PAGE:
One way for us to approach this play will be to think about the plague’s place in it. In a convener’s post I wrote for Contagion 2012, way back during the course’s first run, I mentioned a strain of recent scholarship on Sophocles’ play that takes the plague setting seriously. This makes some sense. The assumption on scholars’ parts has long been that Sophocles introduced an epidemic as the setting for his version of the Oedipus myth because Athens had so recently suffered from plague (as recounted in the brief excerpt you’ll read from Thucydides). With mass deaths so fresh on their minds, these critics ask, wouldn’t Sophocles and his audience have understood the plague to be an actual fact of life rather than a literary symbol?

My assumption, in that post, was that we’d be approaching the plague in Sophocles’s novel as either representing medical situations Sophocles’s original audience would have recognized, or that the plague was being used metaphorically, for something sick about the community — or its leader. As I noted in that original post, we read this play at the start of this course not just to recognize how long the plague-as-metaphor idea has been around, but also to question whether the literal and figurative registers are as separate or opposed as we commonly take them.

In more recent iterations of the class, however, we encounter Oedipus just after our brush with network and contagion theory, including Tony Sampson’s strong endorsement of Tarde’s and Deleuze’s critique of Freud’s definition of the unconscious. (At stake in his reading of these thinkers is how to understand crowd behavior — and, by extension, how imitative behavior from fashion to fascism operates.) Here we’ve already encountered Oedipus, whose centrality to Freud’s thinking makes him an easy symbol for everything Deleuze in particular wants to resist. He and Guattari, recall, even named their original collaboration Anti-Oedipus (1972). If we want to understand why, we’ll have to think about both what Oedipus meant to Freud and why that would come to stand for the things the rest of our folks seem to be resisting.

Freud, famously, in The Interpretation of Dreams (1899), writes:

There must be something which makes a voice within us ready to recognize the compelling force of destiny in the Oedipus[.] … His destiny moves us only because it might have been ours — because the oracle laid the same curse upon us before our birth as upon him. It is the fate of all of us, perhaps, to direct our first sexual impulse towards our mother and our first hatred and our first murderous wish against our father. Our dreams convince us that this is so. (301)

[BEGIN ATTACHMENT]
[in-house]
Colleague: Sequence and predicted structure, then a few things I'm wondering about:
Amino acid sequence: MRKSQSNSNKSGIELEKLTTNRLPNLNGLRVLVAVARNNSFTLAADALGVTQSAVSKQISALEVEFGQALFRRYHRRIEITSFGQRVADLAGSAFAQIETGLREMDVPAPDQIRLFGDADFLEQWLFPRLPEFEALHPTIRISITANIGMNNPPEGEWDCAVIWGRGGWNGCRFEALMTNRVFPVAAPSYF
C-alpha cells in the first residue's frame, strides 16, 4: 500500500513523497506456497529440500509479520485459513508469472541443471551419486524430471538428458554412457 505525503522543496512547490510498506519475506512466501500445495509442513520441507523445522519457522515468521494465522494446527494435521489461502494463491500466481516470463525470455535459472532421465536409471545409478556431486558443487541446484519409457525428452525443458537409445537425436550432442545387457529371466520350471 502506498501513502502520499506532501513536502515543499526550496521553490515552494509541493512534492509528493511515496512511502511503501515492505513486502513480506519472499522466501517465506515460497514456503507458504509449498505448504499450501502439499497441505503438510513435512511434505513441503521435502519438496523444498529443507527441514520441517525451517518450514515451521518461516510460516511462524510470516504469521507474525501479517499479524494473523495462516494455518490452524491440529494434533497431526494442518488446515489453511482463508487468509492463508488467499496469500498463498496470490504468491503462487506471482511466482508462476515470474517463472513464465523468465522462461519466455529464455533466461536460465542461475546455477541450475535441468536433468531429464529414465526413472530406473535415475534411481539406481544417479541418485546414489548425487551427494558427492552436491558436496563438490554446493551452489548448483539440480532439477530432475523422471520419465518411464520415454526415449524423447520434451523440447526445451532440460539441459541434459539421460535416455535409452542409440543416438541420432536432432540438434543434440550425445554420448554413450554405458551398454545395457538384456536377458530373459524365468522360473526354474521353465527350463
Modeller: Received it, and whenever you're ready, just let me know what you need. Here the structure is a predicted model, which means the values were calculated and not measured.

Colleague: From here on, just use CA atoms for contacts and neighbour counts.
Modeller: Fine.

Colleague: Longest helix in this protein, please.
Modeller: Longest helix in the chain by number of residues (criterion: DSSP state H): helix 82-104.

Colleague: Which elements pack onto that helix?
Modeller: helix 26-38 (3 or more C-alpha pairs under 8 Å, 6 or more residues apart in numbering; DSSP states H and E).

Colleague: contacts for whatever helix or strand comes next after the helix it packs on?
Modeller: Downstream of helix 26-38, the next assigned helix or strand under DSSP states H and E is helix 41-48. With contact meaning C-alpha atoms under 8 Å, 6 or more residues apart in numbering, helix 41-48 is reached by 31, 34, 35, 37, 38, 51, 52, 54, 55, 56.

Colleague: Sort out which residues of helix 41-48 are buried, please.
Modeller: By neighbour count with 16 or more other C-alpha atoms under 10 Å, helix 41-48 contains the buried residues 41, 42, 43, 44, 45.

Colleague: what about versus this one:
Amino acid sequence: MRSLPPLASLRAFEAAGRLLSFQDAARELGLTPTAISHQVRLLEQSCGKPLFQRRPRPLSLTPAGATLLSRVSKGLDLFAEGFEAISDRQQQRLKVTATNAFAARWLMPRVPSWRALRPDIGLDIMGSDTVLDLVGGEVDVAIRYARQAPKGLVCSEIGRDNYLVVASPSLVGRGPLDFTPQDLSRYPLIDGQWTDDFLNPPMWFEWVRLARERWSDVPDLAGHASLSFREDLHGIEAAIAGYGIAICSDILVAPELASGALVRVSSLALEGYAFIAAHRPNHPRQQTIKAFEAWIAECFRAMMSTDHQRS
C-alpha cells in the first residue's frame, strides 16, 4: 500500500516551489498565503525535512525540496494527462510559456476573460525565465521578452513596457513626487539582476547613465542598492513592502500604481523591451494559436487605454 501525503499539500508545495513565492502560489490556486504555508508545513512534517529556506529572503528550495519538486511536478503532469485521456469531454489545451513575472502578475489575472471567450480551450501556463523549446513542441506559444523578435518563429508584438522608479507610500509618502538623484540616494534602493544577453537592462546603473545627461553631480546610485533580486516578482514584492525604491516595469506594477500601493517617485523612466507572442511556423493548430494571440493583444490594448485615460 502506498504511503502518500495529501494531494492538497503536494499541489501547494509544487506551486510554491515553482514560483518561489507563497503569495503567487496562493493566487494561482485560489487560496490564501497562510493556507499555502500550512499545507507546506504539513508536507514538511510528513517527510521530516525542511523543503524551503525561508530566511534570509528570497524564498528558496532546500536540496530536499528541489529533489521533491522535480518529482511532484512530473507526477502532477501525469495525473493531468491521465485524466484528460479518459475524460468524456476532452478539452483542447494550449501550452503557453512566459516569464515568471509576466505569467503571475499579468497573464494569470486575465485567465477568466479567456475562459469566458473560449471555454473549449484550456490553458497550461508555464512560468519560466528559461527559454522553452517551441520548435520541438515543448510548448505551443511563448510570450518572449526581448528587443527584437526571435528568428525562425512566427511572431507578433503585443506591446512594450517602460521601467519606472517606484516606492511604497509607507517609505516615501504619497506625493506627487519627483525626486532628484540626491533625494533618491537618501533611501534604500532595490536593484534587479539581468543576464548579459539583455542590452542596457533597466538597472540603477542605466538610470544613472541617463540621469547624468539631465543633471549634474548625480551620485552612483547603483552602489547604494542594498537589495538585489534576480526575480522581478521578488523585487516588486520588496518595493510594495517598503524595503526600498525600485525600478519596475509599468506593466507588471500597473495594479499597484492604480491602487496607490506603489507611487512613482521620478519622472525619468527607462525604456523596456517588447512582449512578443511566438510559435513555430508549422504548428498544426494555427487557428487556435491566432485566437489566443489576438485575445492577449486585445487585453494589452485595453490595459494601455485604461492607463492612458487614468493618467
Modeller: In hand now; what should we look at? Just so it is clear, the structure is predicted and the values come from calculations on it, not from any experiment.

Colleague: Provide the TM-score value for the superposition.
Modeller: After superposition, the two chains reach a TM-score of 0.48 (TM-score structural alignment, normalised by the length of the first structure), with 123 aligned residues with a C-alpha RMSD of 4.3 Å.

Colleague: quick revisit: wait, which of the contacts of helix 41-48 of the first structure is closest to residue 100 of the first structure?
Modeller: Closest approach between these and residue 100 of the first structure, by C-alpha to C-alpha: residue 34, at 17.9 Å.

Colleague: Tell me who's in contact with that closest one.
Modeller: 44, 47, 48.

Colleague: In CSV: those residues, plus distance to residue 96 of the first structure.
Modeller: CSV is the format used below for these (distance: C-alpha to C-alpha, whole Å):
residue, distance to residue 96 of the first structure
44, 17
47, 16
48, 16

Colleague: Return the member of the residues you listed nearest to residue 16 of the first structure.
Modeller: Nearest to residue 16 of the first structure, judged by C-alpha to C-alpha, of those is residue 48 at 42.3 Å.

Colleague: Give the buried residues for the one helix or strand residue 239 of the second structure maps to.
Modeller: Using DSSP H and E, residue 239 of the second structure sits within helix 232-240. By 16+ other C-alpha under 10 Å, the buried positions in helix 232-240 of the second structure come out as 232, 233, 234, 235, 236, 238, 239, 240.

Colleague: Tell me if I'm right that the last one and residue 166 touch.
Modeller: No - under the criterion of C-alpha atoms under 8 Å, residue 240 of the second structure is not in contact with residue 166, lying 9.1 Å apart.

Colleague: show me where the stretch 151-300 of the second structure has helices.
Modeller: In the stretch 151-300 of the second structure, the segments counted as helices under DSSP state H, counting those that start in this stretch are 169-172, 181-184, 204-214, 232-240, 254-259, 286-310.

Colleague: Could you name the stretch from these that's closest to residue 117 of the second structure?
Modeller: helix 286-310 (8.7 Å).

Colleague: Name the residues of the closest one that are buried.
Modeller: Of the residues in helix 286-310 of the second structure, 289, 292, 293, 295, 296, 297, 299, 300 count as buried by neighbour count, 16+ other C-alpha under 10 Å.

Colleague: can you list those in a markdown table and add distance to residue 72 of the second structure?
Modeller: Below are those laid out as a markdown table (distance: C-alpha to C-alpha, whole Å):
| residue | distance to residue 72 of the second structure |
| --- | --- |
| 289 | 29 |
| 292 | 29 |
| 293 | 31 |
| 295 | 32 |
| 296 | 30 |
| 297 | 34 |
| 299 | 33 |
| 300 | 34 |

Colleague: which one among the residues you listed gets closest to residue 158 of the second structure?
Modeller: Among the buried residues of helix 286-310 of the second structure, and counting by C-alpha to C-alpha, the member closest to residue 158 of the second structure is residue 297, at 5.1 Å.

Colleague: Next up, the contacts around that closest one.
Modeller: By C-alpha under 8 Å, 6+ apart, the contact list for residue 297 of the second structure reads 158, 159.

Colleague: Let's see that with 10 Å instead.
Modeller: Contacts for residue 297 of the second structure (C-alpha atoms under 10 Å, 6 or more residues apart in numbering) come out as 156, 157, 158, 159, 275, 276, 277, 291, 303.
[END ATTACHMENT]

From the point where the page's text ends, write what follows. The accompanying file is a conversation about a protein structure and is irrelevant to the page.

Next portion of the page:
For Freud the subject is an individual, and its formation is a family romance. For Deleuze and Guattari, however, the unconscious is not an individual, but part of a crowd, like wolves in a pack. “Who is ignorant of the fact that wolves travel in pack?” they ask in A Thousand Plateaus (1980). “Only Freud. Every child knows it. Not Freud” (28). In their Anti-Oedipus, desire is framed as fundamentally social, not familial:

[T]he family is never a microcosm in the sense of an autonomous figure [but is] by nature eccentric, decentered. We are told of fusional, divisive, tubular, and foreclosing families. … There is always an uncle from America; a brother who went bad; an aunt who took off with a military man; a cousin out of work, bankrupt, or a victim of the Crash; an anarchist grandfather; a grandmother in the hospital, crazy or senile. The family does not engender its own ruptures. Families are filled with gaps and transected by breaks that are not familial: the Commune, the Dreyfus Affair, religion and atheism, the Spanish Civil War, the rise of fascism, Stalinism, the Vietnam War, May ’68 — all these things form complexes of the unconscious, more effective than everlasting Oedipus. (97)